Visiting his family and seeing him bouncing back from all the struggles did my heart good. He agreed with me about spring — this spring in particular — holding a lot of promise and potential.

As we get older, the winters seem to stretch on longer, colder and darker. Sure, that could very well be climate change, but it could also be acclimate change as well. We are less willing or able to force our bodies into hibernation. I can understand now why old folks retire to Florida.

The onset of green and warmth and the secret tulips that I planted last fall for my wife are all the sweeter after the harshness of winter. This year we set all-time record low temperatures. Last year, at least here in Michigan, we set all-time record snow depths.

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What caption could I possibly add?

So the blooming and budding feels like a deep, long exhale for both myself and my college buddy after his turmoil. We can take life and ourselves less seriously now. These days of sunshine and mild weather remind us of our youth, with all the promise that the future held.

Ah, youth.

Okay, okay, on that note, here’s the photo.

I will keep his name out of this, since he’s recently been named a Chief Operating Officer at his new job. They almost got it right. COO is one acronym shy of what he really is, COOL.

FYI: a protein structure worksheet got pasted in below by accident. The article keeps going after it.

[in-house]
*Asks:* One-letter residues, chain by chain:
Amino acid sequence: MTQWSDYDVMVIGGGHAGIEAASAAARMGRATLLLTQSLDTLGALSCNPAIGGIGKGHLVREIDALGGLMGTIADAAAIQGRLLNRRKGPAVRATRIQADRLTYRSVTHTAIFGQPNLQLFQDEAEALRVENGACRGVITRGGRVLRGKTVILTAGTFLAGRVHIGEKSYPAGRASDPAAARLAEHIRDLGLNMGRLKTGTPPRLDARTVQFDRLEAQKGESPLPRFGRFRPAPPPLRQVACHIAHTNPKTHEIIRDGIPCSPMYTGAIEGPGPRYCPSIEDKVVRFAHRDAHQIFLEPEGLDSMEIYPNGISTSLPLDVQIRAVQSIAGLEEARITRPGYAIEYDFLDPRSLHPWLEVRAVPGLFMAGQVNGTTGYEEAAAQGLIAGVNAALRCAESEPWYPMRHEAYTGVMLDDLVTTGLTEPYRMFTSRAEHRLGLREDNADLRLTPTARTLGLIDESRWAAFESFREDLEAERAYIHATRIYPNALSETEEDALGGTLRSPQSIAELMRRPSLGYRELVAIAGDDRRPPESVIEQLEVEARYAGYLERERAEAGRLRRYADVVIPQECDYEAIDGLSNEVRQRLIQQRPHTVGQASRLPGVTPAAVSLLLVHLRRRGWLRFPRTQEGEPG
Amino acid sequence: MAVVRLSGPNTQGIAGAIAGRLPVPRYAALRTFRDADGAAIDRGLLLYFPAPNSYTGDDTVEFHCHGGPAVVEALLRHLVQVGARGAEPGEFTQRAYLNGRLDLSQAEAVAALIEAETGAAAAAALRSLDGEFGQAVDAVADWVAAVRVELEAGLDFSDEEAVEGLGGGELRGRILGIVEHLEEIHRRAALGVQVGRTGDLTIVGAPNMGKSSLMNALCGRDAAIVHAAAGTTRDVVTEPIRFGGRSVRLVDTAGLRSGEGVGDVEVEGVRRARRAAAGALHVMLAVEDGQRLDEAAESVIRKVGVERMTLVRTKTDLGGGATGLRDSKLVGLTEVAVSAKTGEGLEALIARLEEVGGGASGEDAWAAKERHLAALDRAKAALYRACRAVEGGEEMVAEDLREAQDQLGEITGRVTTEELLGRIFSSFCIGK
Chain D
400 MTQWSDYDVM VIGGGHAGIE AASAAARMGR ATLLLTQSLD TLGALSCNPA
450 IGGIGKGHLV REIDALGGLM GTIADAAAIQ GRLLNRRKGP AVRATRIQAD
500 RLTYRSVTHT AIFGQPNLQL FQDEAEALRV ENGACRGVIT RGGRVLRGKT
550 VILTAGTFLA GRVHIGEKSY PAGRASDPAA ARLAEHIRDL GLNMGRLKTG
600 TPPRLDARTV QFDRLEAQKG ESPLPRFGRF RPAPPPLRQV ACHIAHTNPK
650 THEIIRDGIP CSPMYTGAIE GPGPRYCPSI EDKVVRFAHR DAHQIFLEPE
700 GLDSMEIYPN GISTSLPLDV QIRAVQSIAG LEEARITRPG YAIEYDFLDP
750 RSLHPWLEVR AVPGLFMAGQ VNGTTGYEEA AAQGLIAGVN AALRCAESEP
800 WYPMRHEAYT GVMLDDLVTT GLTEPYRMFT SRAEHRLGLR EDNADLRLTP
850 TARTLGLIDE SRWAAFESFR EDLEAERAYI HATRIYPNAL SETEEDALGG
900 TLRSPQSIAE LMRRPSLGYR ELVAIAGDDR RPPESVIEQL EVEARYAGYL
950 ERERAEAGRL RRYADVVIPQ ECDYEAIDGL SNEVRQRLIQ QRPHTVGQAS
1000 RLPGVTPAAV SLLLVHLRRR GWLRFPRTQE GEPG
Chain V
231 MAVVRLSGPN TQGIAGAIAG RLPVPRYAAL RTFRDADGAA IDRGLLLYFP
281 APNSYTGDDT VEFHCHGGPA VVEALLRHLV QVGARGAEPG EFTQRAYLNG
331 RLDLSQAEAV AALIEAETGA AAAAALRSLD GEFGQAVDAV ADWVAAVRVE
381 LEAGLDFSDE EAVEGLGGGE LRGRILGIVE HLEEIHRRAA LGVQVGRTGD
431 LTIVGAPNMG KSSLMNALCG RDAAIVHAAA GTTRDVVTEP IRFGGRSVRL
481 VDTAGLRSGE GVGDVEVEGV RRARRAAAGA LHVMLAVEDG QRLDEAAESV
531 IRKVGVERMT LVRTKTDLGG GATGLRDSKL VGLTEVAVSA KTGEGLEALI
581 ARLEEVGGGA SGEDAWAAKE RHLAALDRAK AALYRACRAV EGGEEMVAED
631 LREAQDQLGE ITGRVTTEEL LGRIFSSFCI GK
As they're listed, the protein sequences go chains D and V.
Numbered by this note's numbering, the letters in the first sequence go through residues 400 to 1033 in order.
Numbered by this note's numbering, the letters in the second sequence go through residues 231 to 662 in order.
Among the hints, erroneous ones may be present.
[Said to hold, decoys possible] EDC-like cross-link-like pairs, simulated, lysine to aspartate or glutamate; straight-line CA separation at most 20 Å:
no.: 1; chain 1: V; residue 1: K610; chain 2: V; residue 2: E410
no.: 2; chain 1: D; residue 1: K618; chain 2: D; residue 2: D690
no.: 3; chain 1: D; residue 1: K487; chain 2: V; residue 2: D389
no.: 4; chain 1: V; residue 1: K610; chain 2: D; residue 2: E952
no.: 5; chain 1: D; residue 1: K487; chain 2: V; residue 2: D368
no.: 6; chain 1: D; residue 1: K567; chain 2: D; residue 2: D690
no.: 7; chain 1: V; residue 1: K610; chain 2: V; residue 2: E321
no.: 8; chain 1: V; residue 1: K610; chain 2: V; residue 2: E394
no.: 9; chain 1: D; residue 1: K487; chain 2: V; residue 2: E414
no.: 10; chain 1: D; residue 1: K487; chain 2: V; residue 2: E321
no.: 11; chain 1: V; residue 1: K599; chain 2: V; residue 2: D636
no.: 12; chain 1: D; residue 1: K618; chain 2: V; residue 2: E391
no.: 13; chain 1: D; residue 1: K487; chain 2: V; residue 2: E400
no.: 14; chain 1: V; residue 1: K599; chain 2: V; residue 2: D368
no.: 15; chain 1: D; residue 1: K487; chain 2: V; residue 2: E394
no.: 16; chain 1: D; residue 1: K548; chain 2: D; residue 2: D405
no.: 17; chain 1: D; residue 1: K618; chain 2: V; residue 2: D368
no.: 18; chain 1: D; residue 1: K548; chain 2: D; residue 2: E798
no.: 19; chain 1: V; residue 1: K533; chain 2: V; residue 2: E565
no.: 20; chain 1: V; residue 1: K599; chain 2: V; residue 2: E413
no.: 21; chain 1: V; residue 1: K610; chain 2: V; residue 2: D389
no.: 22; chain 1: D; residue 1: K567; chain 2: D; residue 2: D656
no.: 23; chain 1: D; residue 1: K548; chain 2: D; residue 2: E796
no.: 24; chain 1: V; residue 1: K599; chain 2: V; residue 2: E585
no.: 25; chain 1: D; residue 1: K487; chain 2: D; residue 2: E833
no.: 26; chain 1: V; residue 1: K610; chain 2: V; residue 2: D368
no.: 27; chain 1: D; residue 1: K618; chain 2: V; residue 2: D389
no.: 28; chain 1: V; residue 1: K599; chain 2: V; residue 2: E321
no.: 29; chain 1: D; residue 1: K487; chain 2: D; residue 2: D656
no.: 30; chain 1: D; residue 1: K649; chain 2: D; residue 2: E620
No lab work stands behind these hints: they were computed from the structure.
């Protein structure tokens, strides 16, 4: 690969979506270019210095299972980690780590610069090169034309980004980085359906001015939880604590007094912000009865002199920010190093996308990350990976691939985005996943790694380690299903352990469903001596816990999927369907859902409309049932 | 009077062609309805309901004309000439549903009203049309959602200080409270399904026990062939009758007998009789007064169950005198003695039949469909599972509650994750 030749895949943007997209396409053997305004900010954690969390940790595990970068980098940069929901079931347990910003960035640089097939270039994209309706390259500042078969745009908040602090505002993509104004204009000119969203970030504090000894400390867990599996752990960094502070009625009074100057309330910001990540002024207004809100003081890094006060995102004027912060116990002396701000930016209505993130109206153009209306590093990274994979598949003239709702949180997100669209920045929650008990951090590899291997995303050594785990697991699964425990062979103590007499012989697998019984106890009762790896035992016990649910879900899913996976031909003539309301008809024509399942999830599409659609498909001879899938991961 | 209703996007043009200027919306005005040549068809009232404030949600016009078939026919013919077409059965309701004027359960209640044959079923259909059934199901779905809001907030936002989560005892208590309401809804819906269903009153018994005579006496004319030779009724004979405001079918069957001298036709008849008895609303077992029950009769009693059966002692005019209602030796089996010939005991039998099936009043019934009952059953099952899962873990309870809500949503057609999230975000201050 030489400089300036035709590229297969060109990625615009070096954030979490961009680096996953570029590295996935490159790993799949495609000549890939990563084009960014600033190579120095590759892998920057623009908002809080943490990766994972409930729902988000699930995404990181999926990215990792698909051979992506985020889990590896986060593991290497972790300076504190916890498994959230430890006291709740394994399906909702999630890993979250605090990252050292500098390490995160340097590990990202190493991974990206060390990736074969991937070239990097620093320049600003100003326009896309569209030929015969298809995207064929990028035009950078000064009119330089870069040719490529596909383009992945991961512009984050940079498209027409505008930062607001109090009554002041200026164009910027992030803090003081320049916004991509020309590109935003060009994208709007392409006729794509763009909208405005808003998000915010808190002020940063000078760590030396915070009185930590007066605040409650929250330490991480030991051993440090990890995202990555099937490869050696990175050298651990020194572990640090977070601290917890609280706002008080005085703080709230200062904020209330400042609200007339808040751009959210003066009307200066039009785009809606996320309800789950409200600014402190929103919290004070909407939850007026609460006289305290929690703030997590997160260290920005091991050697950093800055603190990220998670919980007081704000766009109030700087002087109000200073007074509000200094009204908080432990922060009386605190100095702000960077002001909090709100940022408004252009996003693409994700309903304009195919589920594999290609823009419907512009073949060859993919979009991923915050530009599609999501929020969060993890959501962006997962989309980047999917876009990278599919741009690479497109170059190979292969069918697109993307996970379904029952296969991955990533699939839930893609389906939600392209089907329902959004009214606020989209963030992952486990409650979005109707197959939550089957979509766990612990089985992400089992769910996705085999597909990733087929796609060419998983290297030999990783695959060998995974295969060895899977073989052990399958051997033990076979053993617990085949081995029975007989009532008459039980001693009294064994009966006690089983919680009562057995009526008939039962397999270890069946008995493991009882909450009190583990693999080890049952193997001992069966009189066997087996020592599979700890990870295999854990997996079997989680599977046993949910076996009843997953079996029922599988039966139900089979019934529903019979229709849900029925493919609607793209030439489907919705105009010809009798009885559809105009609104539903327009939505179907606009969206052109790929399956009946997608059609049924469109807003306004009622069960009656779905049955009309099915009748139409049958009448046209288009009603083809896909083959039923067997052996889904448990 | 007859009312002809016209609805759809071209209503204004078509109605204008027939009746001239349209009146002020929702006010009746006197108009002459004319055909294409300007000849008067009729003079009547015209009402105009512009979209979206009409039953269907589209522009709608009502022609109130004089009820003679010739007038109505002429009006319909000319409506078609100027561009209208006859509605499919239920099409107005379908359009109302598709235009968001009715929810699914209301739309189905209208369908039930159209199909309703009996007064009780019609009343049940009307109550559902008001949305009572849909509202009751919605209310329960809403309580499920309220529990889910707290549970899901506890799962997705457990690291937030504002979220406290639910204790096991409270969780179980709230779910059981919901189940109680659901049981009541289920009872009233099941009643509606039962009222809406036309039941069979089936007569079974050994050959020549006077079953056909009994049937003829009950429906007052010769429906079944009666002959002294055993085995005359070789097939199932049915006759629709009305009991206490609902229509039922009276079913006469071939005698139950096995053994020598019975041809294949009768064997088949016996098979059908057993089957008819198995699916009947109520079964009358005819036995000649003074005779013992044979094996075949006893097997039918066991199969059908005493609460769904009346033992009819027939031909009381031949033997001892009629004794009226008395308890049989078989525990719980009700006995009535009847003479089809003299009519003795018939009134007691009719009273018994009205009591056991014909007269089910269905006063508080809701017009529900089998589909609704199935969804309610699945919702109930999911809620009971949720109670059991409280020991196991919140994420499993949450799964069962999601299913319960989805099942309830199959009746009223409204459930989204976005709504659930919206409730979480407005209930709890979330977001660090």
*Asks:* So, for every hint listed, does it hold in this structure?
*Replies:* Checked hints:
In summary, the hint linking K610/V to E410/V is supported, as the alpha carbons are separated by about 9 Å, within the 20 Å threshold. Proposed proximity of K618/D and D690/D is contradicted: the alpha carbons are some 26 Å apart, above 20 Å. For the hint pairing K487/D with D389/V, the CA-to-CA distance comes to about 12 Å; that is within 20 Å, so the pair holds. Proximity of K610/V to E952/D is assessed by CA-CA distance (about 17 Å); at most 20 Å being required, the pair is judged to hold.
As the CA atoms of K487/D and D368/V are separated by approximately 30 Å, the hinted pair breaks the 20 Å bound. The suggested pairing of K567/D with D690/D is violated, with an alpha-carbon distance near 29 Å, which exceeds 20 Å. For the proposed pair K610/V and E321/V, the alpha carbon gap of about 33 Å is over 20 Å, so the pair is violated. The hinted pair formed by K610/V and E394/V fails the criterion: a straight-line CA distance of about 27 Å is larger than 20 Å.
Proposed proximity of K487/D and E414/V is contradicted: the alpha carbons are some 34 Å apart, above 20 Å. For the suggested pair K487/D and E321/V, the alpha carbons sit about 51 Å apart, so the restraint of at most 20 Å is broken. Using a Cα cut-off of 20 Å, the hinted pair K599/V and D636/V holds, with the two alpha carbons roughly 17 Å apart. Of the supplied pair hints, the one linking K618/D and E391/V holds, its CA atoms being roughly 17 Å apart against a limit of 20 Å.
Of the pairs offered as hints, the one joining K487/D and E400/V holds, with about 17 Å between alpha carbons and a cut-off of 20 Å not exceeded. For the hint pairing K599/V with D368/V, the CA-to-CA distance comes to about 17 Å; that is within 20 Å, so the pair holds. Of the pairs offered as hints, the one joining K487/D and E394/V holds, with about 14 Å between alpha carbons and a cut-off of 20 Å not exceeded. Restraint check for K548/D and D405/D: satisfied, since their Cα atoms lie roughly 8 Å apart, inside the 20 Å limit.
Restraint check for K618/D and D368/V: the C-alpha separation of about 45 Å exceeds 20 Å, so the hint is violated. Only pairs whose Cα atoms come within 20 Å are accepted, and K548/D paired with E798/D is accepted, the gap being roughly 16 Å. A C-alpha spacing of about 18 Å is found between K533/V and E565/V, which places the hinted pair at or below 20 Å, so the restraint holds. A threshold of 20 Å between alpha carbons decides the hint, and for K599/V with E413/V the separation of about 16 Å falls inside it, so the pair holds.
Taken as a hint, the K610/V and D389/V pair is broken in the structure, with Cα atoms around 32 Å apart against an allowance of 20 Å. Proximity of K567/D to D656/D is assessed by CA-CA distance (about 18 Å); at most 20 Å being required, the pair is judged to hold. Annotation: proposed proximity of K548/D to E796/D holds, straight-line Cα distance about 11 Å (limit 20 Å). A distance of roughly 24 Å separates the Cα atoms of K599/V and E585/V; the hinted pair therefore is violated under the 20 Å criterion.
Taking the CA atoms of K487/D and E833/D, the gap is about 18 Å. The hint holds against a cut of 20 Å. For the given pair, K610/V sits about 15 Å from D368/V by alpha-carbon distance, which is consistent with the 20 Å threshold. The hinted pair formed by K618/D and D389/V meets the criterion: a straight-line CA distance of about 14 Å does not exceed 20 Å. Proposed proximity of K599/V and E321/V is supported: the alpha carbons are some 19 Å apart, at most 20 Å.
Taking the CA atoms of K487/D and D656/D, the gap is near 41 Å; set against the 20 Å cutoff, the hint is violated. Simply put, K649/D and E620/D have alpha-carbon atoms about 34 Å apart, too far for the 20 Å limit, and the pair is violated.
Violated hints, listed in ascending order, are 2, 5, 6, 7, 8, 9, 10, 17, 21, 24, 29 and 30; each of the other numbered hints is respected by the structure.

I don’t know why we didn’t think to re-stage that photo nowadays. Perhaps on our next meeting?

A long time ago in Armenia

April 22nd, 2015

Recalling a visit to the most holy place I’ve ever been.

With the 100th anniversary of the Armenian Genocide happening this month,

I’m re-sharing my personal experience at the memorial to its the slain citizens.

This story appeared in my first book, Spiritual Wanderer, from which this website gets its name.

The trip was exhausting. We were behind the Iron Curtain and at the mercy of the official Soviet travel agency, Intourist. It was 1984. The Cold War was showing no real signs of flaring up or calming down, and my intestines were wracked with what I liked to refer as the commie crud. I sat in a hotel in downtown Moscow, across the street from an enormous statue depicting Russian space flight and all I wanted to do was bend over the toilet. I felt worse than the embalmed body of Lenin who laid in state just down the street.

Our church peace mission, to come visit the USSR, was going along wonderfully up until that point. We were traveling to several different republics including Soviet Georgia, Azerbaijan and Armenia. But what struck me as odd, as totally incomprehensible, was the bizarre fact that here I was with my borscht coming out both ends and all the while American missiles were pointing directly at my butt as I heaved yet another peace offering into the politburo porcelain. I couldn’t get over the fact that I was one renegade soldier in South Dakota away from witnessing Ground Zero up close at the beginning of the end of civilization as we knew it. Then I puked again.